There was no super-star football player to turn to in order to fix this situation. In a moment that really mattered for life and death, they stopped looking to their football heroes and humbled themselves before God, praying while the medical team worked. The hush of a crowd of 65,000 people spoke louder than the roar of their cheering did just moments before. Every praying football fan around the country, regardless of what team held their allegiance, prayed for Damar.

Thankfully we know now that Damar is alive, out of the hospital, and two weeks away from his brush with death. The CPR worked, the hospital medical teams he received care from were successful in their jobs, and God answered the prayers of millions of us on behalf of this man. Looking at Damar’s twitter account, he tweeted “God Behind All This No Coincidence” and “…thankful for everyone who has reached out and prayed. This will make me stronger on the road to recovery, keep praying for me!”

What will be the response of those who have been touched by this wide-spread shared experience of seeing someone die suddenly on a football field and then revived minutes later? Does it cause us to reflect on our fragile lives and our eternal destiny? Does it make us pause and think about who is really the powerful one to be excited about and worshipped?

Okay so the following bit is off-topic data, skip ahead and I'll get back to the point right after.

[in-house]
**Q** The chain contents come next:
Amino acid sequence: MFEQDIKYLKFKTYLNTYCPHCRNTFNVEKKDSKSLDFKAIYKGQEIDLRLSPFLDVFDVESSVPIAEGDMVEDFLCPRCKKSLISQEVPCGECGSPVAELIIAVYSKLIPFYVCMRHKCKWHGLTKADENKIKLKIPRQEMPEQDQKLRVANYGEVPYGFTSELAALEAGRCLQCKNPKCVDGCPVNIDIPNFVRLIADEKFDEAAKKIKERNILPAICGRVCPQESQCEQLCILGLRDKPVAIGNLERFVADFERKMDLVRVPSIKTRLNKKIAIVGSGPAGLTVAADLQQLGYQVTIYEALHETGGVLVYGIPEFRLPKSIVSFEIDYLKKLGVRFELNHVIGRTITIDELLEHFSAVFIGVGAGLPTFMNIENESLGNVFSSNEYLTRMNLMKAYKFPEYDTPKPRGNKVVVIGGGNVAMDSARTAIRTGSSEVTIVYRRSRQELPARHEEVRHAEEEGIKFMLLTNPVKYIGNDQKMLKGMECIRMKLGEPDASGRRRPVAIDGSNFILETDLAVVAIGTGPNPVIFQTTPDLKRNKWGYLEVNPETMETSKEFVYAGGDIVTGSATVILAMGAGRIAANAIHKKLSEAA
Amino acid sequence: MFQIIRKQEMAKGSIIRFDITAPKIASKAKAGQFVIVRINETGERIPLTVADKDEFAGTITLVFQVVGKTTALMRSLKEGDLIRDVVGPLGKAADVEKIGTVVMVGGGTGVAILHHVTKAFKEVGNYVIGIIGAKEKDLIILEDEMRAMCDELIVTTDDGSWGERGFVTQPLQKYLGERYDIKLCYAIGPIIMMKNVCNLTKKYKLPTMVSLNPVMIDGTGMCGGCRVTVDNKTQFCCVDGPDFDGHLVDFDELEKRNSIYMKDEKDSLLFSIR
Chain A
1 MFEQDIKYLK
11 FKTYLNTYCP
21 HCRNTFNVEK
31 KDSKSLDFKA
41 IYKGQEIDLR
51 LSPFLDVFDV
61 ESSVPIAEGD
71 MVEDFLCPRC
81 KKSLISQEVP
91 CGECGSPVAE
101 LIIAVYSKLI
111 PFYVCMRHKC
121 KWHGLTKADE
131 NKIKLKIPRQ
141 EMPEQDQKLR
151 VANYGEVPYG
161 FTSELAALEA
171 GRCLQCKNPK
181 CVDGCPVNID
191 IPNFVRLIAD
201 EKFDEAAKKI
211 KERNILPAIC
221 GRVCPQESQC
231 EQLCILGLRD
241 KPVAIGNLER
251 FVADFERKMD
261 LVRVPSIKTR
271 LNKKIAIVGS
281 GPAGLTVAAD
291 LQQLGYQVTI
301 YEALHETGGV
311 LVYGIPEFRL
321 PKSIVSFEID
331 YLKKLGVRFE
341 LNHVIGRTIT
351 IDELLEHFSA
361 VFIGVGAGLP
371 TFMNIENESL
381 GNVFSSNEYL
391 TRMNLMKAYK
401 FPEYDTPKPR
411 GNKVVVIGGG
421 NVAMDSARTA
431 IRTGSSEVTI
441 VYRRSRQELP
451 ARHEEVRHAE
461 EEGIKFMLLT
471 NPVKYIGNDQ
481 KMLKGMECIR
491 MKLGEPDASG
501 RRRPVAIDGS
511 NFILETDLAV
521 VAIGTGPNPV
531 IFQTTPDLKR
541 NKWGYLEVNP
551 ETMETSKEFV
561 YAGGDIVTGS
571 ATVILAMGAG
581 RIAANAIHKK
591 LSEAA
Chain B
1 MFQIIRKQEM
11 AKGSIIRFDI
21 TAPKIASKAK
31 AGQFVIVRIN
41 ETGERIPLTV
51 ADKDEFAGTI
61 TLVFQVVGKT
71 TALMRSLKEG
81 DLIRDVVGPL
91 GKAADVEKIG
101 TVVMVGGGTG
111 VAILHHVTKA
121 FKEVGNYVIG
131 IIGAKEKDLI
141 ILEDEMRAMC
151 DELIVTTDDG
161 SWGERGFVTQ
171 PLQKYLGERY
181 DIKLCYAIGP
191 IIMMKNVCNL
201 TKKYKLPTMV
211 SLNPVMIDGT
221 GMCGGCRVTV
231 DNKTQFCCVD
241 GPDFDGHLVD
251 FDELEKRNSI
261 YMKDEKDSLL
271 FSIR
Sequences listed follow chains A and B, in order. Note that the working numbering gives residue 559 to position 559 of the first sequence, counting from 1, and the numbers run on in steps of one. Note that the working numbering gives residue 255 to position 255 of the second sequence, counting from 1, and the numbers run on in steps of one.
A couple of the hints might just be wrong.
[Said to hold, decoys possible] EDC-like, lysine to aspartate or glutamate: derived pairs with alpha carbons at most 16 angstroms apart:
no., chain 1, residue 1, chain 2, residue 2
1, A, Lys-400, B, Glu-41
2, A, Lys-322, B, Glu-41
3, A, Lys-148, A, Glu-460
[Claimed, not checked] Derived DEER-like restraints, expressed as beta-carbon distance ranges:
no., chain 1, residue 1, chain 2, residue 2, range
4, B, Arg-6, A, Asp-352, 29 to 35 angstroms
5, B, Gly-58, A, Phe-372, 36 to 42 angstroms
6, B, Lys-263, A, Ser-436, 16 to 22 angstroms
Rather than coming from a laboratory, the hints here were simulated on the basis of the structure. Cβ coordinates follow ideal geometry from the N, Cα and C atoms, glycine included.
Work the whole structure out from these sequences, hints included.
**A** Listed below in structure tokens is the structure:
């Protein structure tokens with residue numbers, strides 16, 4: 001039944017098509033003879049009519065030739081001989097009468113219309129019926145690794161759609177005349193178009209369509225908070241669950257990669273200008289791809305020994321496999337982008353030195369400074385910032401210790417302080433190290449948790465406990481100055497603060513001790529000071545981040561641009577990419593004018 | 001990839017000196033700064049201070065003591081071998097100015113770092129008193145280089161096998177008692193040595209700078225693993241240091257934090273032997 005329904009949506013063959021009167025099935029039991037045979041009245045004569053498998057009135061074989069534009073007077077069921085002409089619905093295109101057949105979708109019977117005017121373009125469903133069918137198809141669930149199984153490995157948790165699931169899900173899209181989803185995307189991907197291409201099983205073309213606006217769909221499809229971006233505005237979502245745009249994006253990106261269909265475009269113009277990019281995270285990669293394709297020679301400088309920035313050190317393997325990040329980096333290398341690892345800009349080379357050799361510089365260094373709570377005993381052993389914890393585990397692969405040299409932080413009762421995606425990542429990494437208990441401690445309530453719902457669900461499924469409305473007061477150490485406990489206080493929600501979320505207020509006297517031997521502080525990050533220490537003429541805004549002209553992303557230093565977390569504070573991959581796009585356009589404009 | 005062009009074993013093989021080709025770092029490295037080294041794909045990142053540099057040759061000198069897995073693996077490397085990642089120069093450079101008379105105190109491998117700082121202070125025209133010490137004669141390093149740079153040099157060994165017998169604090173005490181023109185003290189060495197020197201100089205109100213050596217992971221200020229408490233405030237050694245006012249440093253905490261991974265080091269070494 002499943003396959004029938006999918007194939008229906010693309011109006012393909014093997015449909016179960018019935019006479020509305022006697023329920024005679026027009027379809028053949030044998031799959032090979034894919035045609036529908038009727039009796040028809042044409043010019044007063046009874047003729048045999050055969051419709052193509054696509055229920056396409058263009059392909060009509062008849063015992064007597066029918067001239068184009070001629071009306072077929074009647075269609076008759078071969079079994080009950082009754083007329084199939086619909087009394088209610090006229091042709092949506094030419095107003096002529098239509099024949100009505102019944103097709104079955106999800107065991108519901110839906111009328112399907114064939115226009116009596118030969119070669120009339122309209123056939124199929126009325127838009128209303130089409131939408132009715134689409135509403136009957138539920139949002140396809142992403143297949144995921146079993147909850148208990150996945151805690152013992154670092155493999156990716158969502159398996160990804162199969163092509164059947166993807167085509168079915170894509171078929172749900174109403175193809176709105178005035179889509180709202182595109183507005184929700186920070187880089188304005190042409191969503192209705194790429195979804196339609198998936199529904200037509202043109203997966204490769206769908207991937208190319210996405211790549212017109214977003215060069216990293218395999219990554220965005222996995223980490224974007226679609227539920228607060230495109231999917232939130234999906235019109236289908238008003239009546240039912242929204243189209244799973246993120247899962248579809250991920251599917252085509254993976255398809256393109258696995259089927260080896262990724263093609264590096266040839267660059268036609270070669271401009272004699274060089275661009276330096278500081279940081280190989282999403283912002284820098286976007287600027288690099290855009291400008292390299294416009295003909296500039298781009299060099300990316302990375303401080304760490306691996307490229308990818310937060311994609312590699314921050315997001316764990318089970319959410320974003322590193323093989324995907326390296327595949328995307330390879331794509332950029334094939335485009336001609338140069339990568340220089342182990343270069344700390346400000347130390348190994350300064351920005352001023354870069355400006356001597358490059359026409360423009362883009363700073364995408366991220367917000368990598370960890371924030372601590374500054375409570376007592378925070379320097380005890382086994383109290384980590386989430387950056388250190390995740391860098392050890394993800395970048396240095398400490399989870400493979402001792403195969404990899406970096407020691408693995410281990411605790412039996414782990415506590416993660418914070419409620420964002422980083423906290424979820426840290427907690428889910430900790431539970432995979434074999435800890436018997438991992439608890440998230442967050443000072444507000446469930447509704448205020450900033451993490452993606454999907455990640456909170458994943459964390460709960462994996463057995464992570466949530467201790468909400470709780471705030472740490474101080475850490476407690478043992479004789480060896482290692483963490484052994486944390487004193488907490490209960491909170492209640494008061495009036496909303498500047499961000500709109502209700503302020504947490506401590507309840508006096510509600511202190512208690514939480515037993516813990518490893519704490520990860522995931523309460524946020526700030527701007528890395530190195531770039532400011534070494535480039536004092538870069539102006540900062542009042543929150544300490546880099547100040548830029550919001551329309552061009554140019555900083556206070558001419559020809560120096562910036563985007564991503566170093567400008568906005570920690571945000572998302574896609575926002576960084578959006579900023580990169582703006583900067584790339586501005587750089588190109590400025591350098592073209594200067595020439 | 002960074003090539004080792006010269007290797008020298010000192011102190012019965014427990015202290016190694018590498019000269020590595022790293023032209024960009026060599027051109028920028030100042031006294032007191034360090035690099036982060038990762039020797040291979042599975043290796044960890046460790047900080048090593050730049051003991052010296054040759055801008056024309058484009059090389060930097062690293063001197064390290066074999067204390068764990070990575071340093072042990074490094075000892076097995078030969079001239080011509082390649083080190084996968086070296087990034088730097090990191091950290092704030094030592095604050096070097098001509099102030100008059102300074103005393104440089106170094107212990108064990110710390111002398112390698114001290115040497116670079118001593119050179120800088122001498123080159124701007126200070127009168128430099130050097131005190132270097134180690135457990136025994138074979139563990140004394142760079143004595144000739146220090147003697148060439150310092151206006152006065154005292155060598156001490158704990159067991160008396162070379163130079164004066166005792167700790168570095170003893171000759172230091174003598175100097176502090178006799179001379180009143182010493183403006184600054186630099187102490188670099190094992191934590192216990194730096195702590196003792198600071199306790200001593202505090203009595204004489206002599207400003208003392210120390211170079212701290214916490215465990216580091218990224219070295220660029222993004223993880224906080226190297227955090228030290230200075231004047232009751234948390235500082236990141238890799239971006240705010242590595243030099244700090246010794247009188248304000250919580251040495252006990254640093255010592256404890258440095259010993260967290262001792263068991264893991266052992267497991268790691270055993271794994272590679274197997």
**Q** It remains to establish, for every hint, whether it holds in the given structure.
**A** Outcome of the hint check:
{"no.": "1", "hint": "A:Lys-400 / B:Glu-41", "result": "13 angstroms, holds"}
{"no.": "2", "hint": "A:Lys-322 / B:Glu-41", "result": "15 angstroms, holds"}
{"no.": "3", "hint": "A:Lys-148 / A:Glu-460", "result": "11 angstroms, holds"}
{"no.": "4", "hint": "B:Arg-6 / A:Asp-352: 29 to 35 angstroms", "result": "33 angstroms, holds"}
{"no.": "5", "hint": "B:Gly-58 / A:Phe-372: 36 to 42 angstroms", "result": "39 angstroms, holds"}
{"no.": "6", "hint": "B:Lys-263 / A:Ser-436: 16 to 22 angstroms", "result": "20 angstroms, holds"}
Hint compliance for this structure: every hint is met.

Football is a mighty force in many respects, and we are counting down the days until the BIG Sunday game where most everything else stops, we eat salsa and chips, and wear our favorite team’s jersey. But really, how many of us remember who played two years ago, and which team won? Was it really that important? We emotionally immerse ourselves into a game that typically is soon forgotten.